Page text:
Best-selling journalist Antony Loewenstein trav­els across Afghanistan, Pakistan, Haiti, Papua New Guinea, the United States, Britain, Greece, and Australia to witness the reality of disaster capitalism. He discovers how companies such as G4S, Serco, and Halliburton cash in on or­ganized misery in a hidden world of privatized detention centers, militarized private security, aid profiteering, and destructive mining.

Disaster has become big business. Talking to immigrants stuck in limbo in Britain or visiting immigration centers in America, Loewenstein maps the secret networks formed to help cor­porations bleed what profits they can from economic crisis. He debates with Western contractors in Afghanistan, meets the locals in post-earthquake Haiti, and in Greece finds a country at the mercy of vulture profiteers. In Papua New Guinea, he sees a local commu­nity forced to rebel against predatory resource companies and NGOs.

What emerges through Loewenstein’s re­porting is a dark history of multinational corpo­rations that, with the aid of media and political elites, have grown more powerful than national governments. In the twenty-first century, the vulnerable have become the world’s most valu­able commodity. Disaster Capitalism is published by Verso in 2015 and in paperback in January 2017.

Profits_of_doom_cover_350Vulture capitalism has seen the corporation become more powerful than the state, and yet its work is often done by stealth, supported by political and media elites. The result is privatised wars and outsourced detention centres, mining companies pillaging precious land in developing countries and struggling nations invaded by NGOs and the corporate dollar. Best-selling journalist Antony Loewenstein travels to Afghanistan, Pakistan, Haiti, Papua New Guinea and across Australia to witness the reality of this largely hidden world of privatised detention centres, outsourced aid, destructive resource wars and militarized private security. Who is involved and why? Can it be stopped? What are the alternatives in a globalised world? Profits of Doom, published in 2013 and released in an updated edition in 2014, challenges the fundamentals of our unsustainable way of life and the money-making imperatives driving it. It is released in an updated edition in 2014.
forgodssakecover Four Australian thinkers come together to ask and answer the big questions, such as: What is the nature of the universe? Doesn't religion cause most of the conflict in the world? And Where do we find hope?   We are introduced to different belief systems – Judaism, Christianity, Islam – and to the argument that atheism, like organised religion, has its own compelling logic. And we gain insight into the life events that led each author to their current position.   Jane Caro flirted briefly with spiritual belief, inspired by 19th century literary heroines such as Elizabeth Gaskell and the Bronte sisters. Antony Loewenstein is proudly culturally, yet unconventionally, Jewish. Simon Smart is firmly and resolutely a Christian, but one who has had some of his most profound spiritual moments while surfing. Rachel Woodlock grew up in the alternative embrace of Baha'i belief but became entranced by its older parent religion, Islam.   Provocative, informative and passionately argued, For God's Sakepublished in 2013, encourages us to accept religious differences, but to also challenge more vigorously the beliefs that create discord.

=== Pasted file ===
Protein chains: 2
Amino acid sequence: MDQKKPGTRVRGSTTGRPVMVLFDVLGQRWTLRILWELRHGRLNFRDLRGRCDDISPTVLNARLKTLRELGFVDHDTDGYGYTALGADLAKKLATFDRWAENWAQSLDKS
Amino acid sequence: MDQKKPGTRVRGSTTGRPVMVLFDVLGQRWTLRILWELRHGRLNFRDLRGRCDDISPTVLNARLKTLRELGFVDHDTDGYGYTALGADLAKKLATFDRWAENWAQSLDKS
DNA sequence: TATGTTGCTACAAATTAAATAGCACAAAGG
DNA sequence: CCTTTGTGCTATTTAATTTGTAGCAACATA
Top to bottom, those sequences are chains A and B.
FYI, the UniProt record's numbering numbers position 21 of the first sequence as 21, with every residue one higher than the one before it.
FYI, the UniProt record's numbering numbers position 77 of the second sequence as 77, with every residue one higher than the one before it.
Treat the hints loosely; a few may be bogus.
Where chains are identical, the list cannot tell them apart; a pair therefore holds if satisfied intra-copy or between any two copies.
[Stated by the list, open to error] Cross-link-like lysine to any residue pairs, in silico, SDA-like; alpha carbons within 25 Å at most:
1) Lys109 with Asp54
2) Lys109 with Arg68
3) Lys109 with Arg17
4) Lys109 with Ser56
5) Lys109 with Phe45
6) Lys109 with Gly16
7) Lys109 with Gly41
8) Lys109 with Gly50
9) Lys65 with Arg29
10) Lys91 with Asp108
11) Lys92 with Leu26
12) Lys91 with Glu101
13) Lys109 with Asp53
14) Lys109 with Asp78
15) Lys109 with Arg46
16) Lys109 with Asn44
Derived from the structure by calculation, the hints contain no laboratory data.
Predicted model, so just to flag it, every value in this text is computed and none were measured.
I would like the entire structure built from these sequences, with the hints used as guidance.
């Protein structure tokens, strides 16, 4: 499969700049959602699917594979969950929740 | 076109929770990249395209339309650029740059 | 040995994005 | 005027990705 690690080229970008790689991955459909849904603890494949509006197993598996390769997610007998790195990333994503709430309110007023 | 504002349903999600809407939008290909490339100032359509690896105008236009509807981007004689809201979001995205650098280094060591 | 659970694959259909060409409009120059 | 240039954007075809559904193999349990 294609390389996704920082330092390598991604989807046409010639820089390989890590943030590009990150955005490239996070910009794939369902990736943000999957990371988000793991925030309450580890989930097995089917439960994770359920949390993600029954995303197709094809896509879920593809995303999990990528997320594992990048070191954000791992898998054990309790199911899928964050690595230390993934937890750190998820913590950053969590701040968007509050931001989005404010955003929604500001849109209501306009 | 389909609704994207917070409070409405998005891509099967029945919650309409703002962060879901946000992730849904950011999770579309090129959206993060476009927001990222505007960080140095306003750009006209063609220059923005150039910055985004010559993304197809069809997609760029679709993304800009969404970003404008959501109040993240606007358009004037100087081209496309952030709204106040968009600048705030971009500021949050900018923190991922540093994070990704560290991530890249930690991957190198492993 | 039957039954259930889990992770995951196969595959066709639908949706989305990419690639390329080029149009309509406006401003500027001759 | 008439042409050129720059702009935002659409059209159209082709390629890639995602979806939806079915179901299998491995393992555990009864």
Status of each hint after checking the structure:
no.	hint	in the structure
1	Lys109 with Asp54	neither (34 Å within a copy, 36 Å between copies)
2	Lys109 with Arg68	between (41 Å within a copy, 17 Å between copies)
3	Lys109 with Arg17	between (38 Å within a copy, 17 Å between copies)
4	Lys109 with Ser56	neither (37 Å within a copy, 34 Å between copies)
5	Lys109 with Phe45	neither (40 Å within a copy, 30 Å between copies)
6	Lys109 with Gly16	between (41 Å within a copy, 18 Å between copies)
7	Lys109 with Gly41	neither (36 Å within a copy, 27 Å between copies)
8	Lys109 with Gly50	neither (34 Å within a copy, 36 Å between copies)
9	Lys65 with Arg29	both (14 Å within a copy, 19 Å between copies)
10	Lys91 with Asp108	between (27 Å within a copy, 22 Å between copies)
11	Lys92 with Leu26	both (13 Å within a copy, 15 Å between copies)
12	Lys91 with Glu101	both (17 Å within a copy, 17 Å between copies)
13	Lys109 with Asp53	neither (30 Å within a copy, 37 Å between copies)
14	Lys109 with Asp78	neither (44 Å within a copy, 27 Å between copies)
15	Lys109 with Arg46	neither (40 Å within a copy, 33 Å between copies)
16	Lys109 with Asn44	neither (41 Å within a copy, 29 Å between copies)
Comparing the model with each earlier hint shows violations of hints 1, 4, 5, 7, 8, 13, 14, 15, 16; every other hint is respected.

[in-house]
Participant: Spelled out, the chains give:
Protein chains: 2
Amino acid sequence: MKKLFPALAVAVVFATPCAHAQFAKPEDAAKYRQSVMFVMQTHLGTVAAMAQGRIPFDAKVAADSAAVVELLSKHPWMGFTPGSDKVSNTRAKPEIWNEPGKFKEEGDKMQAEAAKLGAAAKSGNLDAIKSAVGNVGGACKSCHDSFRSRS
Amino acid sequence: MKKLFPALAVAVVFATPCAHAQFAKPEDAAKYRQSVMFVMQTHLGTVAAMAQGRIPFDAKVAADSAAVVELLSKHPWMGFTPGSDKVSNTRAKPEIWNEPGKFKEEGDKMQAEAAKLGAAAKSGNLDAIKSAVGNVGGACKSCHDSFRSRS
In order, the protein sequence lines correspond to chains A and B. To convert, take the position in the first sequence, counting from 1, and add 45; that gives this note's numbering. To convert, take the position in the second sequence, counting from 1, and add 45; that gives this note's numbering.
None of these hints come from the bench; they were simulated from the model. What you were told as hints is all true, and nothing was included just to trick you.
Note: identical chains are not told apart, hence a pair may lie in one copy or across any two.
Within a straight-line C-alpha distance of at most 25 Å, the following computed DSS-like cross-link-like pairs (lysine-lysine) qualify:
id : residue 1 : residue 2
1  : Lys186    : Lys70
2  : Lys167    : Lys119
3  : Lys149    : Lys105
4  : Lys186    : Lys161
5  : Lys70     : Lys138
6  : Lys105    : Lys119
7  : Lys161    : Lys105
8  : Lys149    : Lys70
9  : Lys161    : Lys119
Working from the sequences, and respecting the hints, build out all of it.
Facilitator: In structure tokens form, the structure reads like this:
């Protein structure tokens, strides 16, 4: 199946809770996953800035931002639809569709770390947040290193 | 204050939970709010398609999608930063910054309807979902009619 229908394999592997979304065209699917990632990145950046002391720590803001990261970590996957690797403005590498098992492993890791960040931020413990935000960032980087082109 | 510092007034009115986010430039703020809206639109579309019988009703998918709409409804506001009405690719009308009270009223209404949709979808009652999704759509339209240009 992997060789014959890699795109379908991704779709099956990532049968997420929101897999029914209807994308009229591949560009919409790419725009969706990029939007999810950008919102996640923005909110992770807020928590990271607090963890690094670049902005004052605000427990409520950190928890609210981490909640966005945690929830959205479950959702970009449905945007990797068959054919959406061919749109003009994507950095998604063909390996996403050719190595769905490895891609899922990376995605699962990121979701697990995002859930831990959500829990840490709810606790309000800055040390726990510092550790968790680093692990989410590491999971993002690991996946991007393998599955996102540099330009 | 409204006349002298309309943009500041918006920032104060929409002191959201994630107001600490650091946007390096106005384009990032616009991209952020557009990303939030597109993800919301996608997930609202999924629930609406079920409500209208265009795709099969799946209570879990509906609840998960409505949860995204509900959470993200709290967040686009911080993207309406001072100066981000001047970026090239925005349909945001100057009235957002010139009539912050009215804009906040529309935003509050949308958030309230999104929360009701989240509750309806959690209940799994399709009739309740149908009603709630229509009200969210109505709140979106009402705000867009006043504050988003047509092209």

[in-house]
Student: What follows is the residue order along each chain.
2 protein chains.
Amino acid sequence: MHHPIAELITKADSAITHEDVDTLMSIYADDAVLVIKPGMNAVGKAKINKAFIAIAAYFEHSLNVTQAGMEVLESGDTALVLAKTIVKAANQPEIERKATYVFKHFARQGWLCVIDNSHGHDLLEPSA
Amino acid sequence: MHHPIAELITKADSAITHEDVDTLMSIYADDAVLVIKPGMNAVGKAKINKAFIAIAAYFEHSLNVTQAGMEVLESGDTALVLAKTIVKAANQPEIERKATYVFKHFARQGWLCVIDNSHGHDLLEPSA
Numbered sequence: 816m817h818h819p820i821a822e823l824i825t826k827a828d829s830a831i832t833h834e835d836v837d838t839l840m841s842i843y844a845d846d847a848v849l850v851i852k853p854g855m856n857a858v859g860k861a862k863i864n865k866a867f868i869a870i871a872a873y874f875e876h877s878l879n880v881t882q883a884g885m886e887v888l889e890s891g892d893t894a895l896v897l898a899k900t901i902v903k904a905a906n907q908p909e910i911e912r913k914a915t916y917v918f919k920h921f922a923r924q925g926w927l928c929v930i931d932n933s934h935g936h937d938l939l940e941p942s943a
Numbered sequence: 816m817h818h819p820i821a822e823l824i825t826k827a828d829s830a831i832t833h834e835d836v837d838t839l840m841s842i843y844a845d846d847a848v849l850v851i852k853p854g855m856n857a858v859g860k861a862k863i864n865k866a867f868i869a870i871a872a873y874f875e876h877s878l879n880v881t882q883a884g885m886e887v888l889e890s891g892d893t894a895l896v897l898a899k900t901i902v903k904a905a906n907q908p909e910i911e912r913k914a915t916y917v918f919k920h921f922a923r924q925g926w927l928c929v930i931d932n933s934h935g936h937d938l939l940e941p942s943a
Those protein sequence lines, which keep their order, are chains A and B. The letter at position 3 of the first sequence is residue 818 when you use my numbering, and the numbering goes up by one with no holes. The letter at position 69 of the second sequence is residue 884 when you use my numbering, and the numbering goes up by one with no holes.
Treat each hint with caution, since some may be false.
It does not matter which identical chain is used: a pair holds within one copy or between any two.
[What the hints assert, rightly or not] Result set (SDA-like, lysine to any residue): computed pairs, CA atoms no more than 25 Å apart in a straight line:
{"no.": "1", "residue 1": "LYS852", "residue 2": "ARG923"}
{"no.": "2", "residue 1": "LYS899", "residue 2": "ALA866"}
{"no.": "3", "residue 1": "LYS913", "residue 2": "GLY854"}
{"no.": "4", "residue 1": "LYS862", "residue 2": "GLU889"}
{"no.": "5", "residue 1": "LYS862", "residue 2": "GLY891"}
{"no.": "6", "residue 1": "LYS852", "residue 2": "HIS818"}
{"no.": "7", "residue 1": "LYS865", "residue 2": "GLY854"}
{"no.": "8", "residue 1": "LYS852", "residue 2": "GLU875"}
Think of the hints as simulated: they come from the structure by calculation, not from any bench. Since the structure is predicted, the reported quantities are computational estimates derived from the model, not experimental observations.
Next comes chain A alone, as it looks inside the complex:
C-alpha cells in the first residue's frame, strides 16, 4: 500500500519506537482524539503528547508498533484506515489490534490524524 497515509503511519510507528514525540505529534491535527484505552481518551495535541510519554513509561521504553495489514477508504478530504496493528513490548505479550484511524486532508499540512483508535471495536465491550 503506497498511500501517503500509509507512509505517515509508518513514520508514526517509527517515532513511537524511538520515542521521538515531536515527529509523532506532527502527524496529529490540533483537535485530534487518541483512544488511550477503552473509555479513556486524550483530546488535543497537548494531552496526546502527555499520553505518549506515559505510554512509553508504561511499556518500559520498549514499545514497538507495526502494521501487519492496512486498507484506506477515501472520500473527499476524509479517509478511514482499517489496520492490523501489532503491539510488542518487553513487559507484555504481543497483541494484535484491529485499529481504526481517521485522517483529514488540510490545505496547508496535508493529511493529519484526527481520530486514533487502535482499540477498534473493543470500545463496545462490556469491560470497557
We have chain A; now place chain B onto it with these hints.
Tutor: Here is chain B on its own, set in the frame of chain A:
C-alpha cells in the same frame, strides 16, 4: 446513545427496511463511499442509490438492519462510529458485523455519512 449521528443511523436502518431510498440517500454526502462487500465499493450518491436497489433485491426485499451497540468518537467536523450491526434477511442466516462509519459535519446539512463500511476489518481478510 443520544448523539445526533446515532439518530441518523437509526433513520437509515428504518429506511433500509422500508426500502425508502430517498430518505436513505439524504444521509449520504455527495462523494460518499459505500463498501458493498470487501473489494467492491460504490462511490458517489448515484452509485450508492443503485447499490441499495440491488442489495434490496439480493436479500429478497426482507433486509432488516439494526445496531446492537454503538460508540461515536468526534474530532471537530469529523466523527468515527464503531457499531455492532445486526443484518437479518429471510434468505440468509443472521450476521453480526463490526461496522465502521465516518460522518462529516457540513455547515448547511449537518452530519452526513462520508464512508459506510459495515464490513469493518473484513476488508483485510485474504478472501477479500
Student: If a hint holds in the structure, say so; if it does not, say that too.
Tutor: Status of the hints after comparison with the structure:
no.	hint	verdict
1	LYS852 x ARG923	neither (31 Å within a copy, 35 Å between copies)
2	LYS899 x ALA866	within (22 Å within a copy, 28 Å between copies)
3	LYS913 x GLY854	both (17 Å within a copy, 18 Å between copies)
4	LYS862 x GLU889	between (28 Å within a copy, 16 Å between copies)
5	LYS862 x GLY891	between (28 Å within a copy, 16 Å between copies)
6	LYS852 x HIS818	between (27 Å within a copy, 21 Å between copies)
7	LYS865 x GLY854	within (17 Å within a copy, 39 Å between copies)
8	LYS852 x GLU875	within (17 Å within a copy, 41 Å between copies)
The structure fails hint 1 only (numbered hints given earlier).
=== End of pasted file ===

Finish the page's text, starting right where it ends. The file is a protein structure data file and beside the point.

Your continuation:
After Zionism, published in 2012 and 2013 with co-editor Ahmed Moor, brings together some of the world s leading thinkers on the Middle East question to dissect the century-long conflict between Zionism and the Palestinians, and to explore possible forms of a one-state solution. Time has run out for the two-state solution because of the unending and permanent Jewish colonization of Palestinian land. Although deep mistrust exists on both sides of the conflict, growing numbers of Palestinians and Israelis, Jews and Arabs are working together to forge a different, unified future. Progressive and realist ideas are at last gaining a foothold in the discourse, while those influenced by the colonial era have been discredited or abandoned. Whatever the political solution may be, Palestinian and Israeli lives are intertwined, enmeshed, irrevocably. This daring and timely collection includes essays by Omar Barghouti, Jonathan Cook, Joseph Dana, Jeremiah Haber, Jeff Halper, Ghada Karmi, Antony Loewenstein, Saree Makdisi, John Mearsheimer, Ahmed Moor, Ilan Pappe, Sara Roy and Phil Weiss.
The 2008 financial crisis opened the door for a bold, progressive social movement. But despite widespread revulsion at economic inequity and political opportunism, after the crash very little has changed. Has the Left failed? What agenda should progressives pursue? And what alternatives do they dare to imagine? Left Turn, published by Melbourne University Press in 2012 and co-edited with Jeff Sparrow, is aimed at the many Australians disillusioned with the political process. It includes passionate and challenging contributions by a diverse range of writers, thinkers and politicians, from Larissa Berendht and Christos Tsiolkas to Guy Rundle and Lee Rhiannon. These essays offer perspectives largely excluded from the mainstream. They offer possibilities for resistance and for a renewed struggle for change.
The Blogging Revolution, released by Melbourne University Press in 2008, is a colourful and revelatory account of bloggers around the globe why live and write under repressive regimes - many of them risking their lives in doing so. Antony Loewenstein's travels take him to private parties in Iran and Egypt, internet cafes in Saudi Arabia and Damascus, to the homes of Cuban dissidents and into newspaper offices in Beijing, where he discovers the ways in which the internet is threatening the ruld of governments. Through first-hand investigations, he reveals the complicity of Western multinationals in assisting the restriction of information in these countries and how bloggers are leading the charge for change. The blogging revolution is a superb examination about the nature of repression in the twenty-first century and the power of brave individuals to overcome it. It was released in an updated edition in 2011, post the Arab revolutions, and an updated Indian print version in 2011.
The best-selling book on the Israel/Palestine conflict, My Israel Question - on Jewish identity, the Zionist lobby, reporting from Palestine and future Middle East directions - was released by Melbourne University Press in 2006. A new, updated edition was released in 2007 (and reprinted again in 2008). The book was short-listed for the 2007 NSW Premier's Literary Award. Another fully updated, third edition was published in 2009. It was released in all e-book formats in 2011. An updated and translated edition was published in Arabic in 2012.